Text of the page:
Palestinian violence spreads

Hamas and Fatah agree to Saudi offer for talks at Mecca's Grand Mosque.

    Armed Fatah members launched a spate of kidnappings in the West Bank city of Nablus [AFP]

    Both Hamas and Fatah, however, have accepted an invitation from King Abdullah of Saudi Arabia for peace talks to be held at Mecca's Grand Mosque.
    Saudi invitation
    The Saudi Press Agency quoted Abdullah as saying: "I invite them all ... to discuss disputes in a neutral [environment] without intervention from any other side."
    Residents said some families in Gaza were leaving their homes near the worst of the fighting.
    Your Views

    Islam and all other religions ... are for the benefit of mankind. They are not designed to become systems of governments. This is the real paradox facing us as Muslims. We love Islam and we think it can provide the solution, but sadly it doesn't. We need an earthly solution.

    themorningchill, Jerusalem, Palestine


    Send us your views

    Others were keeping children inside and staying away from windows, fearing sniper fire.
    Nour Odeh, Al Jazeera's Gaza correspondent, said: "At the moment, the situation is very tense on the streets of Gaza and some streets have been completely closed off to civilians."
    The violence has derailed coalition talks between the two factions and brought much of Gaza to a standstill.
    Disturbances also spread to the West Bank city of Nablus, where Fatah fighters kidnapped 11 Hamas members, security sources said.
    Fatah supporters later set ablaze the Nablus offices of the Hamas-controlled education ministry and kidnapped five employees, Ahmed Doleh, the director of the ministry, said.
    Armed men from Fatah-affiliated al-Aqsa Martyrs' Brigades seized a local Hamas leader in front of local news crews in Nablus.
    As the clashes intensified, Ismael Haniya, prime minister of the Hamas government, issued a plea urging an end to the conflict.
    National unity
    "We call on all the Palestinian people to protect national unity, to make the language of dialogue and reason prevail, to withdraw weapons from the streets, and put an end to the tensions," Haniya said.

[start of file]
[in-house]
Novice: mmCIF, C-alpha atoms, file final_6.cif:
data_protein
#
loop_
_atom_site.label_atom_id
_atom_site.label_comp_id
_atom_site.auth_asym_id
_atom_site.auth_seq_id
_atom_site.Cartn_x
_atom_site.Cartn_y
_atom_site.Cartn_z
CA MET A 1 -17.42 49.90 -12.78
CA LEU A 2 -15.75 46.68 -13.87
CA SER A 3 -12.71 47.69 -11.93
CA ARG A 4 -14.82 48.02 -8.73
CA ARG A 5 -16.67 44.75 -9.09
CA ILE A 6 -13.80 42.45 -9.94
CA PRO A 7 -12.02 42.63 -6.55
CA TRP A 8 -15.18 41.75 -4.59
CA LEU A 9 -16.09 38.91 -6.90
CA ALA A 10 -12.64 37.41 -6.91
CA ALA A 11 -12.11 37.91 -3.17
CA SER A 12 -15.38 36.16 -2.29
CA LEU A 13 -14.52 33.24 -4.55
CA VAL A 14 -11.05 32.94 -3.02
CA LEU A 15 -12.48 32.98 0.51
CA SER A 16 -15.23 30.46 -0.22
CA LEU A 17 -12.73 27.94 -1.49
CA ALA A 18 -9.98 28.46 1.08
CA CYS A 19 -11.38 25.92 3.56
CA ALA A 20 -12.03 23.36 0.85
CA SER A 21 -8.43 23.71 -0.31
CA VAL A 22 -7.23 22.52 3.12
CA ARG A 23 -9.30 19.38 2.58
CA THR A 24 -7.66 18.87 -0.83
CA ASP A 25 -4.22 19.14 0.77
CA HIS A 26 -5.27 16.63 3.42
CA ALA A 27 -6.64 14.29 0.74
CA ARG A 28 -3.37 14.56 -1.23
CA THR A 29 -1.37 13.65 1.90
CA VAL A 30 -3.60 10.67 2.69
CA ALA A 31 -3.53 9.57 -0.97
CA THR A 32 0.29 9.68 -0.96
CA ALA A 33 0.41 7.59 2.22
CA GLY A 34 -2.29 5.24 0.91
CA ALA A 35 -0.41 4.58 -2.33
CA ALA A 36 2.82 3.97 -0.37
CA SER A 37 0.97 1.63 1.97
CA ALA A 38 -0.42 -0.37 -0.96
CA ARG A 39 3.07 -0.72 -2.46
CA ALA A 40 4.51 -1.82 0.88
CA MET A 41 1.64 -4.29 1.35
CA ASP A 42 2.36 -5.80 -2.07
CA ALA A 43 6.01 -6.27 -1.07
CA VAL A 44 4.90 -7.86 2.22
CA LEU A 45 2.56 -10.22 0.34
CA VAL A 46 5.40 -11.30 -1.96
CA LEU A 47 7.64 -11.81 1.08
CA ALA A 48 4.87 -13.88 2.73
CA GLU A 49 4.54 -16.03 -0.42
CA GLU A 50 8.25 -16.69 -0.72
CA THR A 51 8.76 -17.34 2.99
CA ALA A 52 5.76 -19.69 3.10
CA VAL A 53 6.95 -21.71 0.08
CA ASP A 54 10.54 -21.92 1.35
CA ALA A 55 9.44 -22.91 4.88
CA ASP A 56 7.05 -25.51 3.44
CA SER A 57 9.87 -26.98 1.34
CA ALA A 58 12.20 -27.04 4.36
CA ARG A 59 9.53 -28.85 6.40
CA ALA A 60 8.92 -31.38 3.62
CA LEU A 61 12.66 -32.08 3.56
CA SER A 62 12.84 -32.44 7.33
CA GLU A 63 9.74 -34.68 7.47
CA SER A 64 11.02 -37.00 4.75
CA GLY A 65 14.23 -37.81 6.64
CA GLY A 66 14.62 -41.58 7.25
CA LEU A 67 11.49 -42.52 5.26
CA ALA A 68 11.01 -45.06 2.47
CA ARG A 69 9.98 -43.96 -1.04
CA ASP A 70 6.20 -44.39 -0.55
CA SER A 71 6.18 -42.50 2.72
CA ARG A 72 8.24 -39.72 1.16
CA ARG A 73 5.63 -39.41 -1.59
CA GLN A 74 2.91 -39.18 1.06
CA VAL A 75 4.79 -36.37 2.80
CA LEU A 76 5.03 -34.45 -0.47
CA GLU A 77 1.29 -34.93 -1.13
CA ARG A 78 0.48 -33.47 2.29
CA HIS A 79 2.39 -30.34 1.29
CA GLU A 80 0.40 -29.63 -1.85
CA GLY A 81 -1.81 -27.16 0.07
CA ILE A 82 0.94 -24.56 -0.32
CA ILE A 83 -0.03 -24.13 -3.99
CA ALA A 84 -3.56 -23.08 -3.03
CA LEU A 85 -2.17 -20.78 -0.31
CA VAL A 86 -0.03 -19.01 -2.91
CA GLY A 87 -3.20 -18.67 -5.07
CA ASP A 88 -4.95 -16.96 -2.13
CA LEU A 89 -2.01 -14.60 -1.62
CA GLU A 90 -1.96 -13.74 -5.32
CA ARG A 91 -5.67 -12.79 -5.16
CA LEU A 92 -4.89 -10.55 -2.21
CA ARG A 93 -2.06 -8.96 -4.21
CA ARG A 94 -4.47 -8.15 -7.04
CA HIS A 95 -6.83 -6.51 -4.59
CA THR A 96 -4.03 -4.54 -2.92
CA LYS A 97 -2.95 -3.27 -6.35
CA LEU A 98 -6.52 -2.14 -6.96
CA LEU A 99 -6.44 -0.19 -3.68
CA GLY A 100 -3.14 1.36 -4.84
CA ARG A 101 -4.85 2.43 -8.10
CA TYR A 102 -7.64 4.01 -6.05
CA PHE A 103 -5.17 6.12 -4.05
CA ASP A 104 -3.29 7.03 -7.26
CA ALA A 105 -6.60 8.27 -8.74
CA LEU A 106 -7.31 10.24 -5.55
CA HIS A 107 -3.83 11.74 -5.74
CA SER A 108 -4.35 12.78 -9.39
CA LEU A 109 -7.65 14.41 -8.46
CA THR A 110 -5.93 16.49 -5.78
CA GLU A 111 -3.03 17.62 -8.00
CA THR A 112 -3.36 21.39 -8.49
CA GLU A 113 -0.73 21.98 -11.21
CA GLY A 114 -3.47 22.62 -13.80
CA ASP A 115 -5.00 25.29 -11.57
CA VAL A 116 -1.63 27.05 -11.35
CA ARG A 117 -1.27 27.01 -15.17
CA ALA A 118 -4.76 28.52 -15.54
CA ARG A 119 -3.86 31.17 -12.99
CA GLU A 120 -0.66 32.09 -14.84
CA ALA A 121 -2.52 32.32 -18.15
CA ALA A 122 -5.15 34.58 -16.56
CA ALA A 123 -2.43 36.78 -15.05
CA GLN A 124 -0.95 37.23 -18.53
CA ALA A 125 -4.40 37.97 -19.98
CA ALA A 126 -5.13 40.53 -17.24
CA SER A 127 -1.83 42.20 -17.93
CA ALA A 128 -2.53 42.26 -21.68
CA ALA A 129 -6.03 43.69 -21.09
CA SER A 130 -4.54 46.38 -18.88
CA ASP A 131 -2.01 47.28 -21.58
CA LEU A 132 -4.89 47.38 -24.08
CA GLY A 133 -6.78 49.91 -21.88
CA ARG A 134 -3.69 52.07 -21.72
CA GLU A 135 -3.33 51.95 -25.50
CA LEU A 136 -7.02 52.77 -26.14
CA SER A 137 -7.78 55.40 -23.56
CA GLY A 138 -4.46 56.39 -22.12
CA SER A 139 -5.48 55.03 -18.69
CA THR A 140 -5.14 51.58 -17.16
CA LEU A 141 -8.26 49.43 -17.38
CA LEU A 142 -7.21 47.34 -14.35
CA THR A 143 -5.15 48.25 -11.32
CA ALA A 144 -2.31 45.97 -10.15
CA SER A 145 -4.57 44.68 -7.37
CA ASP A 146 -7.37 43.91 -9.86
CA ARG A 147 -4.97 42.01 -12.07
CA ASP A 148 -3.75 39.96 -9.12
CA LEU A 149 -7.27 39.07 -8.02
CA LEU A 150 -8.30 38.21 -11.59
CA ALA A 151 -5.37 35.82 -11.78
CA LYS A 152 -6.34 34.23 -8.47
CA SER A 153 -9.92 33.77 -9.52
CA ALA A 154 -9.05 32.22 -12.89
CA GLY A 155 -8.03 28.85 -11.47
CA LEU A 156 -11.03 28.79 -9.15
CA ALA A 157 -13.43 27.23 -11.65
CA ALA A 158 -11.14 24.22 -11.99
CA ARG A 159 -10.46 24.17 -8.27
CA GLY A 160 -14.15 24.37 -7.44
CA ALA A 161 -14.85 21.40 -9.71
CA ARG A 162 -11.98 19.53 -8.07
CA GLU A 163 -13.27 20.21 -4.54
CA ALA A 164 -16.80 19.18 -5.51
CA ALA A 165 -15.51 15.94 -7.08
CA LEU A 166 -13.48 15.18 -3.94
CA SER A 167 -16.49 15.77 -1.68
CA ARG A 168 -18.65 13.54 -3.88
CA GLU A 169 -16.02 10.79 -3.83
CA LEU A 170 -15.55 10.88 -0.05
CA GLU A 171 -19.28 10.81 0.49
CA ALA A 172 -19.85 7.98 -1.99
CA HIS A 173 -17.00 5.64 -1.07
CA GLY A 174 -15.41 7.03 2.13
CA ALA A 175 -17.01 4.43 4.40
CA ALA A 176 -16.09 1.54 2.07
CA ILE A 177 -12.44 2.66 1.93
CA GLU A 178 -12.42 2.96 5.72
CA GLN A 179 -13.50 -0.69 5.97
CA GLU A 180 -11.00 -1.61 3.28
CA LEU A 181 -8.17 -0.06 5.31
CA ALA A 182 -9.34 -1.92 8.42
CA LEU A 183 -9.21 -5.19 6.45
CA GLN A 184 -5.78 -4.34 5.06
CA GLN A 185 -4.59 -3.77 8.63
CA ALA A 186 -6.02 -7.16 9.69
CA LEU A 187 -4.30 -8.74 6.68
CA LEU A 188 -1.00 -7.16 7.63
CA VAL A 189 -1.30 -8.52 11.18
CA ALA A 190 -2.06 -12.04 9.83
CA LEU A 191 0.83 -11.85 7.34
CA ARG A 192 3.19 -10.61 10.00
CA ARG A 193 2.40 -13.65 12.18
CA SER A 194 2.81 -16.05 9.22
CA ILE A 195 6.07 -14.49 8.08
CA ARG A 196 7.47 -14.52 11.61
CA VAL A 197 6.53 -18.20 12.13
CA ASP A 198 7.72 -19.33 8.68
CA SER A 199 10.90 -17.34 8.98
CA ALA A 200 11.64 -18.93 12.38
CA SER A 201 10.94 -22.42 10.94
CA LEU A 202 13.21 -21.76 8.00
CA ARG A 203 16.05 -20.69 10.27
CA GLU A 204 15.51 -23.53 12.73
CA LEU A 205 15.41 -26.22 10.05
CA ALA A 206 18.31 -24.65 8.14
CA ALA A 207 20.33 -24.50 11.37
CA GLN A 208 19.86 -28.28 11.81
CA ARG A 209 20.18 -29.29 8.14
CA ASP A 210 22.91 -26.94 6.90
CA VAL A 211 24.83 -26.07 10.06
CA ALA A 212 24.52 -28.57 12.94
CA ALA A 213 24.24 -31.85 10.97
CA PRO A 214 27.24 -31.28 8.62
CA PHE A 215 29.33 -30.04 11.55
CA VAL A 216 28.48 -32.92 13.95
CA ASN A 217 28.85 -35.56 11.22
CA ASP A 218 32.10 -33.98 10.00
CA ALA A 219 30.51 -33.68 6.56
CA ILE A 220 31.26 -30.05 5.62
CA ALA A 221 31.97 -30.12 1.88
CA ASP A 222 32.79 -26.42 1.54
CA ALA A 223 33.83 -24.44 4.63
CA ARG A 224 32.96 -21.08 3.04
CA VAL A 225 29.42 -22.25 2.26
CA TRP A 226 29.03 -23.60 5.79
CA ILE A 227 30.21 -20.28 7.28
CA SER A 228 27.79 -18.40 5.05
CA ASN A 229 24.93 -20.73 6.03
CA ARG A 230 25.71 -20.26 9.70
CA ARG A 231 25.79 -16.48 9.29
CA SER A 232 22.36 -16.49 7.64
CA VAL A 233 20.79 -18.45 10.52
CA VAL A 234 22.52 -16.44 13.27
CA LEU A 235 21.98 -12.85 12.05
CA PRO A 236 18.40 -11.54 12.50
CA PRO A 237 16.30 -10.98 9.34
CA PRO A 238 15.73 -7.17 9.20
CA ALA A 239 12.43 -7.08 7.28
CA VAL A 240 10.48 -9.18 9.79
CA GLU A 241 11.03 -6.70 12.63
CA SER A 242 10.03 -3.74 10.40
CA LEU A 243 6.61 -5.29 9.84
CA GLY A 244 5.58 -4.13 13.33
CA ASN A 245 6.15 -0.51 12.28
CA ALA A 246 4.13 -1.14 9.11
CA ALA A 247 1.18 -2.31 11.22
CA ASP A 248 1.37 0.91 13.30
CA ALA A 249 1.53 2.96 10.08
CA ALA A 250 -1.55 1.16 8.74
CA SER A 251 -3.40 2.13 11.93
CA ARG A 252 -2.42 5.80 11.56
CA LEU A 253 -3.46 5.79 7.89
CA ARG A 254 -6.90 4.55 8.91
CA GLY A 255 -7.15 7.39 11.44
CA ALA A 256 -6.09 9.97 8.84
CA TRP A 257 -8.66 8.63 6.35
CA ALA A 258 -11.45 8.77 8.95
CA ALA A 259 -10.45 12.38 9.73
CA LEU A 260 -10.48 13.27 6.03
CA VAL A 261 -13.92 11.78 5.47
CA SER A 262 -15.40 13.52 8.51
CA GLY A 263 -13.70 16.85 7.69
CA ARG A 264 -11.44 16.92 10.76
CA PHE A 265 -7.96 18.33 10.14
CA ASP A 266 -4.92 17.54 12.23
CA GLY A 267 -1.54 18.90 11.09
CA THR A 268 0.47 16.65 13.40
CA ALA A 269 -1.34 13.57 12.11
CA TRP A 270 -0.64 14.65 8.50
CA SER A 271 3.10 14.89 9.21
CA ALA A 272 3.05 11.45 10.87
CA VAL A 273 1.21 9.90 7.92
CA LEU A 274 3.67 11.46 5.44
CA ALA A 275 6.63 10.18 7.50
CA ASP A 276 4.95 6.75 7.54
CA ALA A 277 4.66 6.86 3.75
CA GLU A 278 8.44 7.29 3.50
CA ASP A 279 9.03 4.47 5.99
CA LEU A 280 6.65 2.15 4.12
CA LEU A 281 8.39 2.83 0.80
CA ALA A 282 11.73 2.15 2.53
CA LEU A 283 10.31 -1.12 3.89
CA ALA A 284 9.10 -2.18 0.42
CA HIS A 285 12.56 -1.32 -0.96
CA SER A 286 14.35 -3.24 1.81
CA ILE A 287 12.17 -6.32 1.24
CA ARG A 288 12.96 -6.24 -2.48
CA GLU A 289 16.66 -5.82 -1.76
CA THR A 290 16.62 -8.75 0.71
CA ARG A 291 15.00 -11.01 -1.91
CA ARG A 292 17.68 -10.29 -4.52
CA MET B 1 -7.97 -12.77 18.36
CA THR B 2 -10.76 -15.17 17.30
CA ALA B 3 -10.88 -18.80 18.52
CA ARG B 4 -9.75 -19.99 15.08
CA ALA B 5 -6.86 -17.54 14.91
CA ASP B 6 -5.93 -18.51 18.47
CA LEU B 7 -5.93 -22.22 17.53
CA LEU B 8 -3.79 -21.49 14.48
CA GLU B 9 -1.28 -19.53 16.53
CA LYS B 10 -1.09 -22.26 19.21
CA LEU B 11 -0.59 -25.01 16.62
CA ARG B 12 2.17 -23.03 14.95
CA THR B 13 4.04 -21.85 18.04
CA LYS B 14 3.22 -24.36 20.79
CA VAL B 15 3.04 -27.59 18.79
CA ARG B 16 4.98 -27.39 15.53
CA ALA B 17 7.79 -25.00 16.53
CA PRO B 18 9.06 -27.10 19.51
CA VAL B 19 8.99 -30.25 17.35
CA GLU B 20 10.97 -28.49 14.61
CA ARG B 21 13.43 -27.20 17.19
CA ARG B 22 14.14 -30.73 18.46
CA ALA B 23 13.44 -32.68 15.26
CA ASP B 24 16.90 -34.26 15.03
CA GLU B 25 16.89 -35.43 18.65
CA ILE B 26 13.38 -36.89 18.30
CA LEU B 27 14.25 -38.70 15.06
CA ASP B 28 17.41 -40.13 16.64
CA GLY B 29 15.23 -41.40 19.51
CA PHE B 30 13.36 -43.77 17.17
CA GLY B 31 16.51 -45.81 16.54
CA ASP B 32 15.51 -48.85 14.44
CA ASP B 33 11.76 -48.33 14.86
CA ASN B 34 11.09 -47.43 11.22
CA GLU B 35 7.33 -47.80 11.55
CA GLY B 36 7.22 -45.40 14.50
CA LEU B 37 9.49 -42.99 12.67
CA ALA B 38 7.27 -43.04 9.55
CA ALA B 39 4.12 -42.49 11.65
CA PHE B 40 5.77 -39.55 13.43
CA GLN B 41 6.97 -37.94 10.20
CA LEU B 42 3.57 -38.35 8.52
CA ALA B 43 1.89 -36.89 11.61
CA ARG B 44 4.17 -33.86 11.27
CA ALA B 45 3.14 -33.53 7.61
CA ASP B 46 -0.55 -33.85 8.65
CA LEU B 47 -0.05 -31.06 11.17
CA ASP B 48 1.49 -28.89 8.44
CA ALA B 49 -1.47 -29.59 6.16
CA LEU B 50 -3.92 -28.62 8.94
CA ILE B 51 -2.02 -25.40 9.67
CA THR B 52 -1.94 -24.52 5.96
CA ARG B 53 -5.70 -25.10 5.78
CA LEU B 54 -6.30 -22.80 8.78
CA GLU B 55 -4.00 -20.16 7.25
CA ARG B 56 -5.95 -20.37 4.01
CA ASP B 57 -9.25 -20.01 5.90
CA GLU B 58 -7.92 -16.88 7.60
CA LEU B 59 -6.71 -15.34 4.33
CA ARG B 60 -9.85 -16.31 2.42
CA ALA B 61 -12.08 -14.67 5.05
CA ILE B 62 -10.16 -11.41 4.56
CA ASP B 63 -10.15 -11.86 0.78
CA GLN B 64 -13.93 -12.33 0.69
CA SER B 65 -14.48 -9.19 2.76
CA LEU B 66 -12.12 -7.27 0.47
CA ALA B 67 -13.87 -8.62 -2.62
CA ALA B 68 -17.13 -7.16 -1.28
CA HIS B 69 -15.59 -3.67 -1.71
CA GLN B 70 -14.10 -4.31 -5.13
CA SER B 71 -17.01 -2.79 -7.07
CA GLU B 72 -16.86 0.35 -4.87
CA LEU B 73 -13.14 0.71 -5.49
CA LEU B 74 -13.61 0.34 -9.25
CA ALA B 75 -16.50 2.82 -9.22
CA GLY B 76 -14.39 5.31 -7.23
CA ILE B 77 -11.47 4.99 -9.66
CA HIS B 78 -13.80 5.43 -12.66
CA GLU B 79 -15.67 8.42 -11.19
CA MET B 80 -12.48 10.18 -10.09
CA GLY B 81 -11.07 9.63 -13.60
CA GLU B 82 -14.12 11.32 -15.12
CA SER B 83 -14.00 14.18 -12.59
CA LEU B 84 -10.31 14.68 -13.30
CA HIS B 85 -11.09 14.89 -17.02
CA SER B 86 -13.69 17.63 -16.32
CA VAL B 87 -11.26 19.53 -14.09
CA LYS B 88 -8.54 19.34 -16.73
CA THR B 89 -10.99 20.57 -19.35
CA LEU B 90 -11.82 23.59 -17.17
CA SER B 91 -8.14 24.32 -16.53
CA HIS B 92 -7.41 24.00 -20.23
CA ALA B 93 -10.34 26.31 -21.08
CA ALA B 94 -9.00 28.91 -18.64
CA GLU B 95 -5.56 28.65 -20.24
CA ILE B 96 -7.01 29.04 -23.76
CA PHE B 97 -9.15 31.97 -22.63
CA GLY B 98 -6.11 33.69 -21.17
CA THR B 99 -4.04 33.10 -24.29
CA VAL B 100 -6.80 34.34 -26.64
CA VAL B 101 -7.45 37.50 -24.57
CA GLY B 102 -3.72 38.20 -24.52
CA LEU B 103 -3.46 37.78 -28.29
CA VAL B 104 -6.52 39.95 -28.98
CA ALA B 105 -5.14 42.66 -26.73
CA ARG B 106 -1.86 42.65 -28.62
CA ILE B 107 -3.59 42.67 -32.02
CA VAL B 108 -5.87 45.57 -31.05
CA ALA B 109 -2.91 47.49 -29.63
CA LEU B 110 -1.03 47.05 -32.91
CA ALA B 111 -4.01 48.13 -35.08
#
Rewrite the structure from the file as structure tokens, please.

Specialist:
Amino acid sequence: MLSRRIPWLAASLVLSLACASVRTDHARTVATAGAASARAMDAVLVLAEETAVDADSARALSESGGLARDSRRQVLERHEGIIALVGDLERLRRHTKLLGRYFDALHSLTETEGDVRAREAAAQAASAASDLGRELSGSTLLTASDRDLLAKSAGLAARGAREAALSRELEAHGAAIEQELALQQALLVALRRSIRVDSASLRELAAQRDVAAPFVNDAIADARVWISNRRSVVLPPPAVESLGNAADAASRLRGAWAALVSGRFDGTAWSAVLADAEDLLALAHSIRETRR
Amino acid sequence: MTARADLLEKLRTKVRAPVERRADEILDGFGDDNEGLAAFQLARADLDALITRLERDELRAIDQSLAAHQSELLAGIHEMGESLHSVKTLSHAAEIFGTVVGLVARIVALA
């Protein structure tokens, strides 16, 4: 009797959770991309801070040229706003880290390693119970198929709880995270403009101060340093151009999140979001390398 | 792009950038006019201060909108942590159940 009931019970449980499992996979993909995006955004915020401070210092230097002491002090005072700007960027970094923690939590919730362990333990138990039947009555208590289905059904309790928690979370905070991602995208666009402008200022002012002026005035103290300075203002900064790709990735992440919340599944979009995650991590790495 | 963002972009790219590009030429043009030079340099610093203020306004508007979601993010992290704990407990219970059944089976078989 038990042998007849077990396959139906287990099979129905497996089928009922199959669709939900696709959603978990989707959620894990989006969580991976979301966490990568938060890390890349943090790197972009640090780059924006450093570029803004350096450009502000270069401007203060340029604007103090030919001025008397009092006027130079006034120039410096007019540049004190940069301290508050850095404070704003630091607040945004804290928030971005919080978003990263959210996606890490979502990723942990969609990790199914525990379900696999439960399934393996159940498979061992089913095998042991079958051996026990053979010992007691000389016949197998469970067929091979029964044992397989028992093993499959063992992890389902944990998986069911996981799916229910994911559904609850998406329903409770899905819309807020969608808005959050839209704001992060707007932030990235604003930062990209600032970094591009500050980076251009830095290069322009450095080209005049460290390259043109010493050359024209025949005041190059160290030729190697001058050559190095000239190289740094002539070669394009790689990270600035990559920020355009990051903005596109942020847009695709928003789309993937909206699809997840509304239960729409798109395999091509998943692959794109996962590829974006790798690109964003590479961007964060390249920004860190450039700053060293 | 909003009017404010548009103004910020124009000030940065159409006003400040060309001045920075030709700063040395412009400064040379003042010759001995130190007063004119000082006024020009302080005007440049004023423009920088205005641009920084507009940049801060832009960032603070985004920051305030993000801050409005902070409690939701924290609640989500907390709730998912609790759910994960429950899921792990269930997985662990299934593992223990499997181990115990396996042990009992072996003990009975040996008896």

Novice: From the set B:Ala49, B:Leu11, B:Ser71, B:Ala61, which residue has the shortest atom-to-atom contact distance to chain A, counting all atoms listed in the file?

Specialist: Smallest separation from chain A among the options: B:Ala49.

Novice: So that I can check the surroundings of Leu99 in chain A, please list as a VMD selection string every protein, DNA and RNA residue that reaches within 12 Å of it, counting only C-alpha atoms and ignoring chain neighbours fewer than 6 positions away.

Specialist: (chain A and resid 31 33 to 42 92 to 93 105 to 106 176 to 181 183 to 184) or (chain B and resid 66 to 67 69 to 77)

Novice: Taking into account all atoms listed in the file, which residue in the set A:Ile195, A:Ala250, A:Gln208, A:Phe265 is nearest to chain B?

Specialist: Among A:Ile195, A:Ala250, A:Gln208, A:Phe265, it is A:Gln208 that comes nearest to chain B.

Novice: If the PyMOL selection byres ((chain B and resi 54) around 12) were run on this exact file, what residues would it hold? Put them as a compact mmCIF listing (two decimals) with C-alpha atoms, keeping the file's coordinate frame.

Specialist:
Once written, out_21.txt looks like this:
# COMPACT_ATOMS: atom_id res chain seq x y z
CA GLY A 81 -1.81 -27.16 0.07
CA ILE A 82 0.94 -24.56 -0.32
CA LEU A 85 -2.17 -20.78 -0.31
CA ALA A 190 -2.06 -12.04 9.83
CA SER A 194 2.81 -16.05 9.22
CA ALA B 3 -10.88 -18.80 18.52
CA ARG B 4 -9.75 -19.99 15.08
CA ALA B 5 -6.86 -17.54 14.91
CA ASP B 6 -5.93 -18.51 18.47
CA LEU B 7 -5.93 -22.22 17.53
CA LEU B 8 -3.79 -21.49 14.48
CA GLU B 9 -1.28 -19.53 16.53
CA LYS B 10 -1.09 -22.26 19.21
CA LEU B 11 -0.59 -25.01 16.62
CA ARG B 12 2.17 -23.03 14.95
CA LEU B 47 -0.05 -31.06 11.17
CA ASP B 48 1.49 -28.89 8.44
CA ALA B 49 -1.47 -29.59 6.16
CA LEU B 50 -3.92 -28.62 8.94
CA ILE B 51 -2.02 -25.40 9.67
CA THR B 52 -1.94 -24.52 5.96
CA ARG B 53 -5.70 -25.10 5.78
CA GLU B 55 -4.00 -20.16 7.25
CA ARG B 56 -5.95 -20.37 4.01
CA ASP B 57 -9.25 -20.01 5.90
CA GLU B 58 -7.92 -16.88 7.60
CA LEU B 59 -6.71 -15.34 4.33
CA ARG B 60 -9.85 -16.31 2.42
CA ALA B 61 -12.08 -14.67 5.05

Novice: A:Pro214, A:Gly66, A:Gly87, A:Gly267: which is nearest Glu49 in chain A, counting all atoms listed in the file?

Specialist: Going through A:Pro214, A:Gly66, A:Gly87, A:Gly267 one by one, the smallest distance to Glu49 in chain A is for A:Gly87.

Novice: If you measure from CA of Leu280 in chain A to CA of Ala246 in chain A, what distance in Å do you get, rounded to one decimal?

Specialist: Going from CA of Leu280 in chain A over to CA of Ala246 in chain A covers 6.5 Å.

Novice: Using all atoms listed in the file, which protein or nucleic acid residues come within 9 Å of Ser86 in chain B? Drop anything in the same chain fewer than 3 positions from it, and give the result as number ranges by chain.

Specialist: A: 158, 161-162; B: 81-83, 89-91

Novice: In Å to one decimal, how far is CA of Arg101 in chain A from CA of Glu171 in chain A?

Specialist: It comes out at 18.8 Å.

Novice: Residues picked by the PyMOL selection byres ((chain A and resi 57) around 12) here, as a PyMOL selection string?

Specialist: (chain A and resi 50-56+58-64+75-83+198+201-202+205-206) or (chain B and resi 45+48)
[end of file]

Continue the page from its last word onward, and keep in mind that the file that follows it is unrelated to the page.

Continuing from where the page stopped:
Talking to the fighters

    Laila El-Haddad interviews members of armed groups allied to Hamas and to Fatah to discover why they do what they do - read An eye for an eye in Gaza

    An explosion early on Sunday morning rocked the Gaza City home of a bodyguard of Mohammed Dahlan, a powerful Fatah commander. No casualties were reported.
    Anti-tank rockets and mortar shells were also fired at Fatah's police headquarters.
    Throughout Gaza, warring factions set up road blocks and continued to trade machine-gun fire.
    The rival groups blame each other for provoking the violence.
    Plea to Abbas
    Hamas has called for Mahmoud Abbas, the Palestinian president en route to the African Union summit in Ethiopia, to return home immediately to help put an end to the bloodshed.
    Your Views

    "How can dialogue go on when there is a bomb underneath the table?"

    Tawfiq Abu Khoussa,
    Fatah spokesman

    Send us your views

    The Arab League condemned the fighting as "irrational and unacceptable" and Alvaro de Soto, the UN special co-ordinator for the Middle East peace process, called on all parties "to cease clashes".
    Violence erupted after Abbas called last month for early presidential and parliamentary elections after inconclusive talks with Hamas on forming a unity government.
    Hamas parliamentarians said on Sunday Abbas's calls for early elections "amount to a coup against the results of democracy".
    They said in a statement: "National dialogue cannot continue with leaders of the coup or those who support them."

    SOURCE: Agencies


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